[Numpy-discussion] Weird numpy.arange behavoir
Robert Kern
robert.kern@gmail....
Wed Jun 6 22:09:01 CDT 2007
Luke wrote:
> I am integrating some equations and need to generate rank 1 time
> arrays to pass to my integrator. I need them to have the same
> interval between each entry and have the same number of elements. In
> matlab this is trivial, and it is in numpy as well, except I'm getting
> some weird behavoir:
>
> import numpy as N
> T = 0.1
> dt = 0.01
>
> k=0
> t = N.arange(k*T,(k+1)*T+h,h)
>
> Output:
> array([ 0. , 0.01, 0.02, 0.03, 0.04, 0.05, 0.06, 0.07, 0.08,
> 0.09, 0.1 ])
>
> So far so good.
>
> Here is where the problem arises:
>
> k=1
> t = N.arange(k*T,(k+1)*T+h,h)
> array([ 0.1 , 0.11, 0.12, 0.13, 0.14, 0.15, 0.16, 0.17, 0.18,
> 0.19, 0.2 , 0.21])
>
> Note that this time array has more entries, and in fact, the last
> entry is greater than (k+1)*T = (1+1)*0.01 = 2*0.01 = 0.2
>
> Now if it was consistent for all k>0, then it would be fine. However,
> this is not the case:
>
> k=3
> t = N.arange(k*T,(k+1)*T+h,h)
>
> Output:
> array([ 0.3 , 0.31, 0.32, 0.33, 0.34, 0.35, 0.36, 0.37, 0.38,
> 0.39, 0.4 ])
>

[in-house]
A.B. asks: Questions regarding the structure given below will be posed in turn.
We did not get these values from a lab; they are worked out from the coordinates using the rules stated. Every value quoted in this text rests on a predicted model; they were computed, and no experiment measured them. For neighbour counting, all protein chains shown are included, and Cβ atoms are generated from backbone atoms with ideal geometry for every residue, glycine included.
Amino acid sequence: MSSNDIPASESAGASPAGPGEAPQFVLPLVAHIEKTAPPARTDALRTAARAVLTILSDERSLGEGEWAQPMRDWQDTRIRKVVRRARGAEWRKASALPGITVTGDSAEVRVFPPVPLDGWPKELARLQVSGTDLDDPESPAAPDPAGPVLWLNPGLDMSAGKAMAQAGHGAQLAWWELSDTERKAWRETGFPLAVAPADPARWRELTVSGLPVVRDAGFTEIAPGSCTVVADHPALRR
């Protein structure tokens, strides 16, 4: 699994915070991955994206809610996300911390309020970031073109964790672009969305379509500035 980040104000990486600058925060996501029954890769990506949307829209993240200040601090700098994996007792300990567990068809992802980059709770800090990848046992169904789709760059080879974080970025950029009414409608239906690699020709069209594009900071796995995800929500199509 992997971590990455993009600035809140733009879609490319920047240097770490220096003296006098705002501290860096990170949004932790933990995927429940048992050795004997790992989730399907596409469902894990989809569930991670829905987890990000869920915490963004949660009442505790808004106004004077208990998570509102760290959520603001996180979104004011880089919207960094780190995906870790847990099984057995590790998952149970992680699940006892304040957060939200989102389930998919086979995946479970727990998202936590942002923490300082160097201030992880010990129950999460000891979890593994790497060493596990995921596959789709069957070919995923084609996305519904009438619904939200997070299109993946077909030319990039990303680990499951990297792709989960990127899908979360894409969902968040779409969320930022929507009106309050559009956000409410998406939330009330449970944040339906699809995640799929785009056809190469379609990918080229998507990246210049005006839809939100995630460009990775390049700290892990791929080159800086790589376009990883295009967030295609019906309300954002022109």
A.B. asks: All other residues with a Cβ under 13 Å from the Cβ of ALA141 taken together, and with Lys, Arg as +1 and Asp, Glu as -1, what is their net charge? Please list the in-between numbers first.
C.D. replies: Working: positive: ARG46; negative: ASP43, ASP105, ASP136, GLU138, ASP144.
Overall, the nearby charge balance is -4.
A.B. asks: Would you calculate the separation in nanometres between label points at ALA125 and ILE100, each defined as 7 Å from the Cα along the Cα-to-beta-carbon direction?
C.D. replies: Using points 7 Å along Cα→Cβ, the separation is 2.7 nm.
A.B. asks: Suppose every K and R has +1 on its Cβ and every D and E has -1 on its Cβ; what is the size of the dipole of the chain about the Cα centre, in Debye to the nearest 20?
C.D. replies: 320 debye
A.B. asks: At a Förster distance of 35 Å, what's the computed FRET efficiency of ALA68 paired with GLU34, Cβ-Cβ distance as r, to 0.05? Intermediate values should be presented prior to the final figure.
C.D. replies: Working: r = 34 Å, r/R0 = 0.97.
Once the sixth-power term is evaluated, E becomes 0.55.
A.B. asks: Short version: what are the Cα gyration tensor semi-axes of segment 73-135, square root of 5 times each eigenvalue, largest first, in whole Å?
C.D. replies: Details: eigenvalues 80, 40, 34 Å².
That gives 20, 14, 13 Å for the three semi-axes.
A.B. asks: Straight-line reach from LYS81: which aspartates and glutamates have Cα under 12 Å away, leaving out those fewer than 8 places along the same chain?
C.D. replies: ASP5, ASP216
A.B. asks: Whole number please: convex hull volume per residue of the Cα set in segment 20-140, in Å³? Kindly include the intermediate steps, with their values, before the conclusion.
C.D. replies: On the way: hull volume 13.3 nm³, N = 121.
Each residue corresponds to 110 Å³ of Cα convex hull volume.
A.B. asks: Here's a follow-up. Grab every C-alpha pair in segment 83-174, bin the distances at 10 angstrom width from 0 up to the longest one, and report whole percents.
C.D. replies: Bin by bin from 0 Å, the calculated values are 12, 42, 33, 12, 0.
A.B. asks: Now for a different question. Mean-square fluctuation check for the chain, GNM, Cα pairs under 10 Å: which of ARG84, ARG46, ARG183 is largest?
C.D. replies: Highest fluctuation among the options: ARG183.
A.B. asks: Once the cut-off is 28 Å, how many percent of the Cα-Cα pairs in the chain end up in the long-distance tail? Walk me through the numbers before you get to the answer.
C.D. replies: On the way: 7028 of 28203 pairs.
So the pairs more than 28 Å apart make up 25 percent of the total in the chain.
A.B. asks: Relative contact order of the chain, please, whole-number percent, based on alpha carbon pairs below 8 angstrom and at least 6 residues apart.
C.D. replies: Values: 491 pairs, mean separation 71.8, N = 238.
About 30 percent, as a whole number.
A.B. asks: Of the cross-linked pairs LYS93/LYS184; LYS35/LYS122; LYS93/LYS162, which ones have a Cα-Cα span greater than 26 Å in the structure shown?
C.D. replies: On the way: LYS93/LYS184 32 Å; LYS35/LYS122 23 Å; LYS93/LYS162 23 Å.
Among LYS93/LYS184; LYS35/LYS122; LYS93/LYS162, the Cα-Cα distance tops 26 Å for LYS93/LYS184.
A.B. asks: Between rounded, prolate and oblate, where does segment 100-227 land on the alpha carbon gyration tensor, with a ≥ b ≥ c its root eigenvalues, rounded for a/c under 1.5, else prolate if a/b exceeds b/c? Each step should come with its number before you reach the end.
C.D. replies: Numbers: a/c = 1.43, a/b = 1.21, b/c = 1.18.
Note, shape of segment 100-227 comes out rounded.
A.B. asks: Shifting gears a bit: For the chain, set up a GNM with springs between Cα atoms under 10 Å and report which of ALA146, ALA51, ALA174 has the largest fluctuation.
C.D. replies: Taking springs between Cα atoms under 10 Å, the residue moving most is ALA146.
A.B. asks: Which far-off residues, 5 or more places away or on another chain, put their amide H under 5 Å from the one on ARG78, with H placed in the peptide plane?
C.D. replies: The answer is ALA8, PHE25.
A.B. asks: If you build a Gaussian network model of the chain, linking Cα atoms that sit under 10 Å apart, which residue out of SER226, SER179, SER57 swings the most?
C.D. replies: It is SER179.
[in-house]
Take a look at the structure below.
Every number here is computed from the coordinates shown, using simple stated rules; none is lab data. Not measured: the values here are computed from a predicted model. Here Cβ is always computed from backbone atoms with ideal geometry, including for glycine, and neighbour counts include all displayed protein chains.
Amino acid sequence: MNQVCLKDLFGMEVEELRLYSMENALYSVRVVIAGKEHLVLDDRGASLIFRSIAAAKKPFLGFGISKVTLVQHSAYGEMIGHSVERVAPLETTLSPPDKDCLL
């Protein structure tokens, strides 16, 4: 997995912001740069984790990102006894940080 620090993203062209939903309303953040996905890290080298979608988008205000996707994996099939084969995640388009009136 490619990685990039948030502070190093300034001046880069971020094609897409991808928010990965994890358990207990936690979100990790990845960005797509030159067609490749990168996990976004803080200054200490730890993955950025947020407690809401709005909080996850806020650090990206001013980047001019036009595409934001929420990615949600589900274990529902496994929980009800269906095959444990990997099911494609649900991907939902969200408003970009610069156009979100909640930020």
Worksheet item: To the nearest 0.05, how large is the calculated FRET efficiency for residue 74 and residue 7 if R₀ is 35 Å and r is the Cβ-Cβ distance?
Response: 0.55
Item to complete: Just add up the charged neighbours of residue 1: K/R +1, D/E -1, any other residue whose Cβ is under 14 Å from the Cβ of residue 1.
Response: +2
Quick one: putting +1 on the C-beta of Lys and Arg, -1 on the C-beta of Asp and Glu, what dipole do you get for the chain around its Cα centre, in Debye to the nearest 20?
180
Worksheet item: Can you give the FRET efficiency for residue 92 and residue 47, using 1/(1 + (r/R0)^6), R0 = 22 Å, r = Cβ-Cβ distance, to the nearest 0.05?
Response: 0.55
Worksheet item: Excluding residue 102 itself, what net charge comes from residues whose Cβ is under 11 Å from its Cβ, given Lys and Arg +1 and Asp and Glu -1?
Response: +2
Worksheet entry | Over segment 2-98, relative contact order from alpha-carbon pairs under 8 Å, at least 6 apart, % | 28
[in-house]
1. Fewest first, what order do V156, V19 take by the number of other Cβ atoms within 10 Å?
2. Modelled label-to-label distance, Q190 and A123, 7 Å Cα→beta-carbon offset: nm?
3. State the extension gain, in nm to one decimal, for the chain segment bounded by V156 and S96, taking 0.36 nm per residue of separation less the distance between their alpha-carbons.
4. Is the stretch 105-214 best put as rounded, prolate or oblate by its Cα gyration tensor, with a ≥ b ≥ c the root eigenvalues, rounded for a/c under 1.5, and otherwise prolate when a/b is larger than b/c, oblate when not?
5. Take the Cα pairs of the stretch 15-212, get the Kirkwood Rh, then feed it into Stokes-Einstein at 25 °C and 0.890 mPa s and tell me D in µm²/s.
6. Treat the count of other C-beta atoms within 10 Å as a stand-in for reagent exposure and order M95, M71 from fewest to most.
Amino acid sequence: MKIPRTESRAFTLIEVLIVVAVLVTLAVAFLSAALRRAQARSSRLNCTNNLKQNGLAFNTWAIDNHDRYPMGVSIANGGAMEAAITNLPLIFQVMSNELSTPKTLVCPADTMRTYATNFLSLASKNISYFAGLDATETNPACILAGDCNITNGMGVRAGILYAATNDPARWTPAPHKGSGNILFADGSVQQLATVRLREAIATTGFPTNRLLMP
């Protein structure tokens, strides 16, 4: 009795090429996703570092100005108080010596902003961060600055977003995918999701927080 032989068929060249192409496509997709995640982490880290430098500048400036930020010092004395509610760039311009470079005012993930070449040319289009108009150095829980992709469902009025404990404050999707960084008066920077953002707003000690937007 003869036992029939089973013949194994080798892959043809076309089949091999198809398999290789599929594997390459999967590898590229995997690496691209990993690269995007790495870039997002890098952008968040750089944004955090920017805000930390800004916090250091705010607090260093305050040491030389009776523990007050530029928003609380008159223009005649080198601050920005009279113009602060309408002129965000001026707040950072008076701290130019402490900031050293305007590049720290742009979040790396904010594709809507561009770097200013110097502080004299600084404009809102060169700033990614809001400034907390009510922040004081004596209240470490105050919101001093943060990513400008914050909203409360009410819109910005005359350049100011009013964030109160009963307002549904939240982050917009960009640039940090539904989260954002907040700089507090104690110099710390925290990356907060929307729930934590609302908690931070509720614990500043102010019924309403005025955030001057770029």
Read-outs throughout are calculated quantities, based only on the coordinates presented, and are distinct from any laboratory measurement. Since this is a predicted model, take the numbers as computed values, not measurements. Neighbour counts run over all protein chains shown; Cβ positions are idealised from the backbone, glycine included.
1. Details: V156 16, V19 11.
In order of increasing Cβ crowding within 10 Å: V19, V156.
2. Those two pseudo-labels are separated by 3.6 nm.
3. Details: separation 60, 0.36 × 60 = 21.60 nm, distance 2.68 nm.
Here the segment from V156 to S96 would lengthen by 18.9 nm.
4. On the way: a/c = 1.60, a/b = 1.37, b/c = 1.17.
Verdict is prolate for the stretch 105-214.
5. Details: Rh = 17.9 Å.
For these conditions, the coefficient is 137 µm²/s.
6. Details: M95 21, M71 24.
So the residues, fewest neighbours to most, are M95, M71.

> Now, this one has the same number of entries as the case where k=0.
>
> Can anybody:
> 1) Offer a solution to this?
Use linspace() instead.
> 2) Explain this behavoir would occur and ever be desirable?
It's not that it's desirable; it's just unavoidable.
> I read the numpy.arange docstring and it says that this may occur, but
> I don't understand why you would ever want this to occur. Apparently,
> the length of the returned array is:
>
> ceil((stop-start)/step)
>
> The weird thing is that in this simple example, (stop-start)/step is
> always exactly 11, since ((k+1)*T + h - k*T)/(h) = (T+h)/h =
> (0.1+0.01)/(0.01) = 11.0. In this, there shouldn't be any roundoff
> error.
Yes, there is. Neither 0.1 nor 0.01 are exactly representable in binary floating
point. There is roundoff error before you ever get to the actual operations.
> So in this simple example that was harmlessly constructed
> (i.e., my period time was an exact integer multiple of my step time),
> arange behaves undesirably (at least I think it does).
>
> After a few tests, I found that if instead of ceil, round was used,
> then it eliminated my problem, but I don't know if this would have
> other undesirable effects in other situations.
That just moves the problem elsewhere and is inconsistent with the integer behavior.
--
Robert Kern
"I have come to believe that the whole world is an enigma, a harmless enigma
that is made terrible by our own mad attempt to interpret it as though it had
an underlying truth."
-- Umberto Eco
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